Monthly Archives: June 2006

The Spilling Ink Pit of Fanservice Looks Like a Black Lagoon

Comiket Is Ground Zero For Cosplay Indeed

I sort of went over services in general, so I hope you understand how I use the same idea here is rational, in that it is rational to pander. It is a no brainer that there is a maid bloom over at Akiba, and it is not really news–it’s just an obvious trend. People squirm, either in displeasure or euphoria, for whatever reason, at the obviousness of it all. In the grand scheme of things, it’s very Japanese.

Looking back at Black Lagoon, it is a rather Hellsing-esqe series where the key difference is only in the original concept. As much as it doesn’t look it, Black Lagoon has some kind of core, character-driven story idea behind it; Hellsing only gives us that initial setup which carries it until the mangaka figures out something better and more interesting later on.

What do I mean by Helling-esqe anyways? Cool action, old school wetworking? Maybe. Badasses, girls with guns? Lots of other stuff have that too. In as much as ink is black and most manga are inked, the paintbrush of what is cool and what are services to the audience is really broad, after you’ve been at it for a while.

In that sense, it makes Black Lagoon the anime so much sharper and powerful than Hellsing the anime. Re-scrambling, we now have the Hellsing OAV which recaptures what was euphoric about that delightful coolness which surrounds the manga series. I am guessing that was the difference.

Perhaps it is good to step back and realize that a good story is still the bedrock foundation of good telling of stories? I’m not a big fan of calligraphy, but to me that’s high art; yet the same ink, the same words, the same people use the same tools to communicate the most mundane things. No matter if you’re a doujinshi artist, a race queen, or MAKO doing a sitcom skit over the internet, it’s the same rationale going forth. Without that bedrock, it’s just spilling ink in vain.

Where fanservice intersects with narrative, there is hope, love, faith for the genre and goodness. Anime is now Japanese, omo gets excited, money exchanges hands, blog posts written. Lesser is when a story exist in vacuum–it becomes something you google up, and maybe read once, or hear others retell it better. Worse is when fanservice exists in a vacuum: it’s pornographic, cheap, boring, and beneath notice.

Casulties of War

Hanabi is copyrighted, but sad gothloli in france is probably patented, too.

Last week, the potentially landmark lawsuit LabCorp v. Metabolite got dropped from the US Supreme Court. The three dissents were hell bent on kicking patentability back a notch, and I am with them. However I think everyone who is actually practicing patent law would prefer to let the sleeping beast sleep for some more.

But I guess we shouldn’t speak too fast. In the mid-to-late 1900s we’ve had some serious caselaw over what is obvious in respect to what can be patented. Needless to say it’s a big, grey mucky area that no one can say for sure all the time. As a subscriber of the future curve theory of social and scientific progress, I feel like a war profiteer, going into this industry during such a time of unrest. Indeed times have changed, will our jurisprudence remain?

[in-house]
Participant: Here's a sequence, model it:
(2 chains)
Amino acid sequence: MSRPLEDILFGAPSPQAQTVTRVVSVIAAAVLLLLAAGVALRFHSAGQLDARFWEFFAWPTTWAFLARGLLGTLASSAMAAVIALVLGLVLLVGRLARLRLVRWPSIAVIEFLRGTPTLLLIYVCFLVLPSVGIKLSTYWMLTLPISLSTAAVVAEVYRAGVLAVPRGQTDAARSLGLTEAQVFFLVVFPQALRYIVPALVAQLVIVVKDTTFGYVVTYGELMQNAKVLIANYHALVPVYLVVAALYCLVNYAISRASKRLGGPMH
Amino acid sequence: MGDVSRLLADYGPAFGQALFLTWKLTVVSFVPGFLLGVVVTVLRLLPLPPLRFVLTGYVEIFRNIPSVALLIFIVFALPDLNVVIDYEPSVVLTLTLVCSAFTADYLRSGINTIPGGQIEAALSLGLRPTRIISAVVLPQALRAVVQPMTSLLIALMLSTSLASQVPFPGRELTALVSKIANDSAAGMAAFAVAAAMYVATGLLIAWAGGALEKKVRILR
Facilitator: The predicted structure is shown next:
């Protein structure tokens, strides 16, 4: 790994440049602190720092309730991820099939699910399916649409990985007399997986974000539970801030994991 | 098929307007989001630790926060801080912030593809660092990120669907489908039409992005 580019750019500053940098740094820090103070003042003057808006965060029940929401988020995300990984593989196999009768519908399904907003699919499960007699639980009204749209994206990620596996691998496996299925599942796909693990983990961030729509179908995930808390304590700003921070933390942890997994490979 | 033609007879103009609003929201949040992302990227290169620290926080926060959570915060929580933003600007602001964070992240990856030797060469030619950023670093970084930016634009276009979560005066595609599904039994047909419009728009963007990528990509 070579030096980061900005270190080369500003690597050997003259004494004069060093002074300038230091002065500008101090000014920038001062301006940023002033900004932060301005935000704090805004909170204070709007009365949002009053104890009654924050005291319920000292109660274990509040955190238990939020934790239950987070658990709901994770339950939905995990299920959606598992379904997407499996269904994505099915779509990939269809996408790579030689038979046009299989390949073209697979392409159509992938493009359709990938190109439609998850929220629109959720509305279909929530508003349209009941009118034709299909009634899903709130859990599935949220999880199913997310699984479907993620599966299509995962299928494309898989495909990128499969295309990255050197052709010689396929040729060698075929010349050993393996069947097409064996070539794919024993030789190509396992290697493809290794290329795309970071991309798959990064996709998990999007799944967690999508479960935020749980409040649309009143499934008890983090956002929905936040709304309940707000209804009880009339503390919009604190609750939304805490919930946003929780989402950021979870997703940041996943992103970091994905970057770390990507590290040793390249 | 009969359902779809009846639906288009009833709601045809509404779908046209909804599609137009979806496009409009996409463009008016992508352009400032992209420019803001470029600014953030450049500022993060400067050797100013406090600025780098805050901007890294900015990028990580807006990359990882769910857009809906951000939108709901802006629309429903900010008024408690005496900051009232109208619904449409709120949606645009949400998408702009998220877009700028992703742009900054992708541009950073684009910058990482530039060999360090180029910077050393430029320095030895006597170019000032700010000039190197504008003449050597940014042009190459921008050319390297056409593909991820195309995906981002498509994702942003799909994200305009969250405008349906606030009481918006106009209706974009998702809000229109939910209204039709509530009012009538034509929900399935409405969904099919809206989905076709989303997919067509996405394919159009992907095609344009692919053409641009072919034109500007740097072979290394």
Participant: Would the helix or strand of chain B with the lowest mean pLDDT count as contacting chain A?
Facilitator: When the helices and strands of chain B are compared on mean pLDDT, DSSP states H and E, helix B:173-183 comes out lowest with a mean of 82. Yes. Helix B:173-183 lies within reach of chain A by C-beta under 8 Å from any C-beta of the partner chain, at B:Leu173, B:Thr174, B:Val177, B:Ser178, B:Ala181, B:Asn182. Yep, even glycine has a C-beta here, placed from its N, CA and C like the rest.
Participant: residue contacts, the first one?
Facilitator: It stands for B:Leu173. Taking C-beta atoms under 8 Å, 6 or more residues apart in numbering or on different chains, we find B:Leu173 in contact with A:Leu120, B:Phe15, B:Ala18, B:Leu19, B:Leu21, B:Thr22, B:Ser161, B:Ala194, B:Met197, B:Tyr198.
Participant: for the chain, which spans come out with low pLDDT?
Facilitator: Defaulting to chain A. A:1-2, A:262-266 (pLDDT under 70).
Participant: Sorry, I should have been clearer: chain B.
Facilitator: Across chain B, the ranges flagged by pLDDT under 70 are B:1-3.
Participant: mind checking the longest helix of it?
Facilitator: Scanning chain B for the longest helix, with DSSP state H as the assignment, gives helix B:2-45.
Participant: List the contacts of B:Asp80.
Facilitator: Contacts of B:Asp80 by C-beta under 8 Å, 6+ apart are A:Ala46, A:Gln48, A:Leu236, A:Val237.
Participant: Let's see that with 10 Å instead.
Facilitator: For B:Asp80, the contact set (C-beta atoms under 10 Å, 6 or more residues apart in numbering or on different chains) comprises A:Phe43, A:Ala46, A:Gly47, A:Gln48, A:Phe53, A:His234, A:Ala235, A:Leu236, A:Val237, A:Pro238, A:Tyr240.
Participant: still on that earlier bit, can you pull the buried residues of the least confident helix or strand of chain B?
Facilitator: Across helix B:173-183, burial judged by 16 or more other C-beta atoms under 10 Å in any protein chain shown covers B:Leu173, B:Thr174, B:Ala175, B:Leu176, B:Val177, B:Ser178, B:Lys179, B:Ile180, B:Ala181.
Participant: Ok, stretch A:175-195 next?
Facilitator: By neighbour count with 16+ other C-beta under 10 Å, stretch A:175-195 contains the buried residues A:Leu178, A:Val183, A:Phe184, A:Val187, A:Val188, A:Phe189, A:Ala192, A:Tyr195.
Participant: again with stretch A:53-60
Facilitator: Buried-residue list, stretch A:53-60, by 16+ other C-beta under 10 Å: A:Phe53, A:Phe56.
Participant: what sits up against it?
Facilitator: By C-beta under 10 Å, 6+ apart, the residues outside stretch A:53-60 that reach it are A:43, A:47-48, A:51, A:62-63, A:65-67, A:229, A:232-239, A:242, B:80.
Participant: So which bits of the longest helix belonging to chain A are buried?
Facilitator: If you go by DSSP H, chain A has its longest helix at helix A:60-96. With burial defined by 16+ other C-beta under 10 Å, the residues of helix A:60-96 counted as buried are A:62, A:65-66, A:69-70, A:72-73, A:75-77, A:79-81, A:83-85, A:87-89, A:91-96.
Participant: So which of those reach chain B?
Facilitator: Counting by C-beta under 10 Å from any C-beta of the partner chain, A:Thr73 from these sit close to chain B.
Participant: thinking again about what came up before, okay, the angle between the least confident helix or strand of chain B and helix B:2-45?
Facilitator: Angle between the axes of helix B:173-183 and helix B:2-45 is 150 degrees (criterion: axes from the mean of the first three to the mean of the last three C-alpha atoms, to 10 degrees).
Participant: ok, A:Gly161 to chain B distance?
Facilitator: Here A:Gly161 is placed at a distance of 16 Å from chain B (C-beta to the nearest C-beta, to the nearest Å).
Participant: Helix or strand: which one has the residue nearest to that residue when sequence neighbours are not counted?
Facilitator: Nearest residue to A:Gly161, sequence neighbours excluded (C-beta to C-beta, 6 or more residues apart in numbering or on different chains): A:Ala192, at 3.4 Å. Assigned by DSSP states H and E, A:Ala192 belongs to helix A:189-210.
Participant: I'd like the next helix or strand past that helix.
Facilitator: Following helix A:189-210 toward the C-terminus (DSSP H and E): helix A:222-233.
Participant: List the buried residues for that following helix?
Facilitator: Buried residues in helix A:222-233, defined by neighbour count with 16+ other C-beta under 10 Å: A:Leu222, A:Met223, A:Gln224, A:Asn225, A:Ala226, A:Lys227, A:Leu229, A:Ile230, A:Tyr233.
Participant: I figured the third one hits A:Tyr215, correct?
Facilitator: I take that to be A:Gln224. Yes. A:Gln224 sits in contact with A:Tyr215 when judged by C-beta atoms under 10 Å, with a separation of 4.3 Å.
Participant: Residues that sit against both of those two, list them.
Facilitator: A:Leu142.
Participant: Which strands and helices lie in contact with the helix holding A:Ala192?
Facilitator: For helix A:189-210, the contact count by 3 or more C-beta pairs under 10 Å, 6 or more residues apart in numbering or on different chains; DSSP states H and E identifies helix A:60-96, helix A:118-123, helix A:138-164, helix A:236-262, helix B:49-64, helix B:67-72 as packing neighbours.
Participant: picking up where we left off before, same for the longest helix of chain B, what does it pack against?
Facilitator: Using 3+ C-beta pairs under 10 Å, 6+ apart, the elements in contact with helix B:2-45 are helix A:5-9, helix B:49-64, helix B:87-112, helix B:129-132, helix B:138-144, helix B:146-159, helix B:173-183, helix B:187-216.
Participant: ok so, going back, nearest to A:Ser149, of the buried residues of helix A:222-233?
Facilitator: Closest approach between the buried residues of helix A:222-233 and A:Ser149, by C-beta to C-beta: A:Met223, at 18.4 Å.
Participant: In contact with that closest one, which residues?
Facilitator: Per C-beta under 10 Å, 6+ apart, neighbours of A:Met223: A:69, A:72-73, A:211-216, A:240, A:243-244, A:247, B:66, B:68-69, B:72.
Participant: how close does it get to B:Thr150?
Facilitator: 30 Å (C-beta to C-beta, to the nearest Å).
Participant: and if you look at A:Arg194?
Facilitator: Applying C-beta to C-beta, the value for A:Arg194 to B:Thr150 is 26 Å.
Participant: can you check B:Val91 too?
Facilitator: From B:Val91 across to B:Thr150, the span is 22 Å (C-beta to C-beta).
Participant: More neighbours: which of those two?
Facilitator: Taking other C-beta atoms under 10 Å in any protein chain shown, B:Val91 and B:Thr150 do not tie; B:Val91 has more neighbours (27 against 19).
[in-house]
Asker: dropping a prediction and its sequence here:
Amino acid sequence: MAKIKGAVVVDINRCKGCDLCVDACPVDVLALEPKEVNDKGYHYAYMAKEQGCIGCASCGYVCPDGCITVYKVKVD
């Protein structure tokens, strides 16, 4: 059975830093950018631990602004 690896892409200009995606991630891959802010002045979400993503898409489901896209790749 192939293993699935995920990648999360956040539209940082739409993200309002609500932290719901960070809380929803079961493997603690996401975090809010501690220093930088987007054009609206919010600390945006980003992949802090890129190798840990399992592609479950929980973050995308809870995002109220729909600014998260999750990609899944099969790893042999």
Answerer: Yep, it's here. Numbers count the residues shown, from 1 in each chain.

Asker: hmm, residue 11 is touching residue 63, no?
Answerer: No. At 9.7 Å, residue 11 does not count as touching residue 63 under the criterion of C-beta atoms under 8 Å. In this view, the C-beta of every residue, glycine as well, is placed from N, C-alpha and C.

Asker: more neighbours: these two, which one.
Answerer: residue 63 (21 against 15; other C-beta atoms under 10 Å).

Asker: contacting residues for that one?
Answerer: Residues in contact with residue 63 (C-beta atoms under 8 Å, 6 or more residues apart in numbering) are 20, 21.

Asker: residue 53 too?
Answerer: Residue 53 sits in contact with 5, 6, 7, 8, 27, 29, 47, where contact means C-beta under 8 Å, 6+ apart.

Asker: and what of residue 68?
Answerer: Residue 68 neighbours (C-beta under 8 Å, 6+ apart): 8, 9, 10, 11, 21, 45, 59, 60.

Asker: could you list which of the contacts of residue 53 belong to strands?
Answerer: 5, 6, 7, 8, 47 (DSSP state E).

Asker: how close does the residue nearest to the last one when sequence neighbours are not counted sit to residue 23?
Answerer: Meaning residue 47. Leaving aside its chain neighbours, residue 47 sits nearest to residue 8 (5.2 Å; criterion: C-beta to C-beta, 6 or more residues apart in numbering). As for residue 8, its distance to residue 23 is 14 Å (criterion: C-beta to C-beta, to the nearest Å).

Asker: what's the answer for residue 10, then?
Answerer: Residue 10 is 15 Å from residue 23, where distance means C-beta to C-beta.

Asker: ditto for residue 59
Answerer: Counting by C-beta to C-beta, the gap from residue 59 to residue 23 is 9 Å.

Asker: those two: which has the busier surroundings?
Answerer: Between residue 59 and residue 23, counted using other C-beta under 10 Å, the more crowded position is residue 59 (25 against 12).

Stroke Yourself

Reminder: Kawasumi Ayako @ Otakon 2006!

Because comments are now enabled on this blog. Go to town.

Even the deragned need company, desho? Imaginary or otherwise~

Bishoujo Senshi Insani

The Original Underground Vampiric Mofo

I am a stranger in a strange land when I talk about “bishoujo gaming” in general. Heck, I probably just used the wrong term there–bishoujo gaming is one of those keyword a RAML geek would use to define … that type of games for the PC. They’re mostly devoid of pornographic content as opposed to “eroge” and “h-games” are more typically known for. They’re the one you click frantically to get to from one sex scene to the next. There are all sorts of different labels to describe the various type of the same category of games–divide it up by gameplay and you get things like visual novels and adventure games and dating sims. Divide it up another way through content and you’ll get renai or horror or … the really nasty stuff that everyone plays? I don’t know.

It’s really a hard thing to grasp conceptually. For starters having all these different names probably is a good clue in that it is hard to define what kind of games I’m talking about–don’t be confused if you don’t know what I’m talking about. Heck, short of actually playing one you probably won’t have a good idea. They also vary a great deal both, as you can guess, in the gameplay axis as well as in the content axis.

It’s kind of like trying to “define” anime, isn’t it.

Yet, when you say anime people know what you’re talking about. I’m just shooting in the dark, but this split-personality problem with the bishoujo gaming (sticking to this one for convenience’s sake) scene may be an exaggerated version of what plagued anime in the early and mid 90s in how it is also intimately tied with pornography and having little mainstream appeal. Of course even today we don’t get anything more kiddy than Yugioh and the like, but is there a mainstream banner where such types of game can run under?

Yeah, and there has been such kinds of games. I think Thousand Arms or Harvest Moon is the first popular one of the bunch. Not popular enough, I guess.